Unless you're crazy about steaks, you may not know how to cook all the different types perfectly. No matter who you're cooking to impress, be it family, a date, or yourself, this guide will be of infinite help to you. Learn about the variety of beef steaks and how to cook them, from sirloin to hanger steak.
01 of 07
Hanger steak is cut from a hanging muscle that supports the diaphragm of the beef cow and is not connected to any bone (hence its nickname “hanging tender”). Similar in appearance and texture to flank steak, the hanger steak also needs to be marinated, then quickly cooked–most often on a grill or barbecue–and thinly sliced against the grain. Hanger steak is very flavorful and recently prized by restaurants, which makes it almost impossible to find at a supermarket. Once known as the “butcher’s choice,” because butchers kept it for themselves, hanger steak can be requested at most butchers.
02 of 07
Although London Broil is labeled and sold as a cut of beef in supermarkets, it is actually a cooking method used for flank steak. Adding to the confusion is that supermarket butchers also sell top round steaks or roasts as London Broil. Because of its tough, fibrous texture, the flank steak used for London Broil is marinated for several hours and then broiled or grilled to rare or medium-rare and sliced against the grain. Despite its name, this method for cooking flank steak did not, in fact, originate in London but in North America.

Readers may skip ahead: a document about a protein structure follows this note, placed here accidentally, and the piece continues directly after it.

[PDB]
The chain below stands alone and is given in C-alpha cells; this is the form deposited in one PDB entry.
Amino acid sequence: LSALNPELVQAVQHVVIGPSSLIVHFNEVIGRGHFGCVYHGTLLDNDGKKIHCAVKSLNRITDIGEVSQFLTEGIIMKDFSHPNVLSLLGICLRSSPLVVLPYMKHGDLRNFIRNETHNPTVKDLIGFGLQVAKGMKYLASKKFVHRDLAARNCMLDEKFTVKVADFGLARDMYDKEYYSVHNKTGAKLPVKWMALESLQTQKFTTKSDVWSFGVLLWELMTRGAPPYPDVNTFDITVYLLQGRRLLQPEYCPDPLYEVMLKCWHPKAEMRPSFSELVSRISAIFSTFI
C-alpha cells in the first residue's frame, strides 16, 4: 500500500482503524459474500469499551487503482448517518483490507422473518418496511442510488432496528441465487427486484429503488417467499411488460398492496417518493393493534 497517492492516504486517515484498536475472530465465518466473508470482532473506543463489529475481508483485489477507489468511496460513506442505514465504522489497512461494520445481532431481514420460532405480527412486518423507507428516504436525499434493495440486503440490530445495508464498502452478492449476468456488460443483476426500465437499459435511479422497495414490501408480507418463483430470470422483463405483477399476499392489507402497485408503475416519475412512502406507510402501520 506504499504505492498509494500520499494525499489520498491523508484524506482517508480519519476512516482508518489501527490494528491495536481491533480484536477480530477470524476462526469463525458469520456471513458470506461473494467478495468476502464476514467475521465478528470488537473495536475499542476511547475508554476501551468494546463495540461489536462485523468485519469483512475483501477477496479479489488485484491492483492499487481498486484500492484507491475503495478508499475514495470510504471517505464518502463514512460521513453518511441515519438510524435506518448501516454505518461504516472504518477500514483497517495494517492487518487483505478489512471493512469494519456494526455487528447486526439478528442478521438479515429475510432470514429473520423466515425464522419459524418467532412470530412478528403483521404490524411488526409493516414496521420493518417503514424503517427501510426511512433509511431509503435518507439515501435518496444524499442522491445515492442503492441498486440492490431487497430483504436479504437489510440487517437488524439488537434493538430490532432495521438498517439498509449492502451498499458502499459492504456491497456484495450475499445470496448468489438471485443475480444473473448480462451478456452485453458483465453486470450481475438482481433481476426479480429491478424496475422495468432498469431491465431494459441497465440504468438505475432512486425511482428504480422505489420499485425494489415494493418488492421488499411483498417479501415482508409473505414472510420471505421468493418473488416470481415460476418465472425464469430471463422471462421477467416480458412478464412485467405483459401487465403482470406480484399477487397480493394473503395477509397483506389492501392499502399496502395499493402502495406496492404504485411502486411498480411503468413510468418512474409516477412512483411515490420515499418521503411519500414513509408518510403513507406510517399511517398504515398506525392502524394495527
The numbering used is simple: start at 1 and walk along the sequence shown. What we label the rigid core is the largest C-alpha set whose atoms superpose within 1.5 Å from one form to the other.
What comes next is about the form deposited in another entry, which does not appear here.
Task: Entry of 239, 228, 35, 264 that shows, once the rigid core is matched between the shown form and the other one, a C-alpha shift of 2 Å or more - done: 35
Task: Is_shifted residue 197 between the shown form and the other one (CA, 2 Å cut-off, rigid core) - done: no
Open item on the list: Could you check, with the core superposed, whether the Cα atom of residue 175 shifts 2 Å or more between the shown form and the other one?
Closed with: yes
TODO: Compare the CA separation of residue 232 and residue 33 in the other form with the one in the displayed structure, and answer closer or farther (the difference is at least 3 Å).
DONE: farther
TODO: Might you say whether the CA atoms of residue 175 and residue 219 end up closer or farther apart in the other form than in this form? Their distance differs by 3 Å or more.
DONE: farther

03 of 07
Minute Steak (Or Cube Steak)
The minute steak (also called cube steak) is a thin cut from the round or the sirloin that has been tenderized by pounding or scoring. Minute steak is usually pan-seared very quickly and is often used for chicken-fried steak and Swiss steak.
04 of 07
The porterhouse is a bone-in steak cut from the rear of the short loin of the beef cow. The T-shaped-bone cut from the spine bisects portions of both the top loin (strip steak) and tenderloin (filet mignon). The porterhouse has a larger portion of tenderloin—at least 1 1/4 inches thick as defined by the USDA—than the similarly cut T-bone steak and can weigh between 2 and 2 1/2 pounds. The origins of its name and cut are particularly contentious; however, the Oxford English Dictionary supports the argument that it was first served by the proprietor of a 19th-century Manhattan porter (ale) house. The porterhouse needs little seasoning and is best enjoyed grilled, broiled, or pan-seared.Continue to 5 of 7 below.
05 of 07
06 of 07
The rib-eye (also known as a Delmonico or Spencer steak) is a boneless cut from the center of the beef cow’s ribs. The steak is marbled with fat and is one of the juiciest cuts. The rib-eye has more texture (that is, not as tender) than the tenderloin, but steak aficionados love the slight chewiness since the beef is exceptionally flavored. As with many well-marbled steaks, the rib-eye needs only a liberal seasoning of salt and pepper, although dry rubs of herbs and spices are also popular. The rib-eye should be quickly cooked over high, dry heat to medium-rare.
07 of 07
The sirloin is located between the short loin and the round (rear) of the beef steer or heifer and is cut into a variety of steaks.
- The bottom sirloin is located just above the rear flank and shank and is a less desirable cut. The bottom sirloin has good flavor, but it is far less tender than the top sirloin just above it. Generally, the steaks labeled and sold as “sirloin” in supermarkets are bottom sirloin.
- The top sirloin is located beneath the tenderloin, and it, too, has a robust flavor, but boneless steaks cut from the top sirloin have a chewy texture and benefit from marinades. Top sirloin is less expensive than rib-eye and is a popular steak for grilling.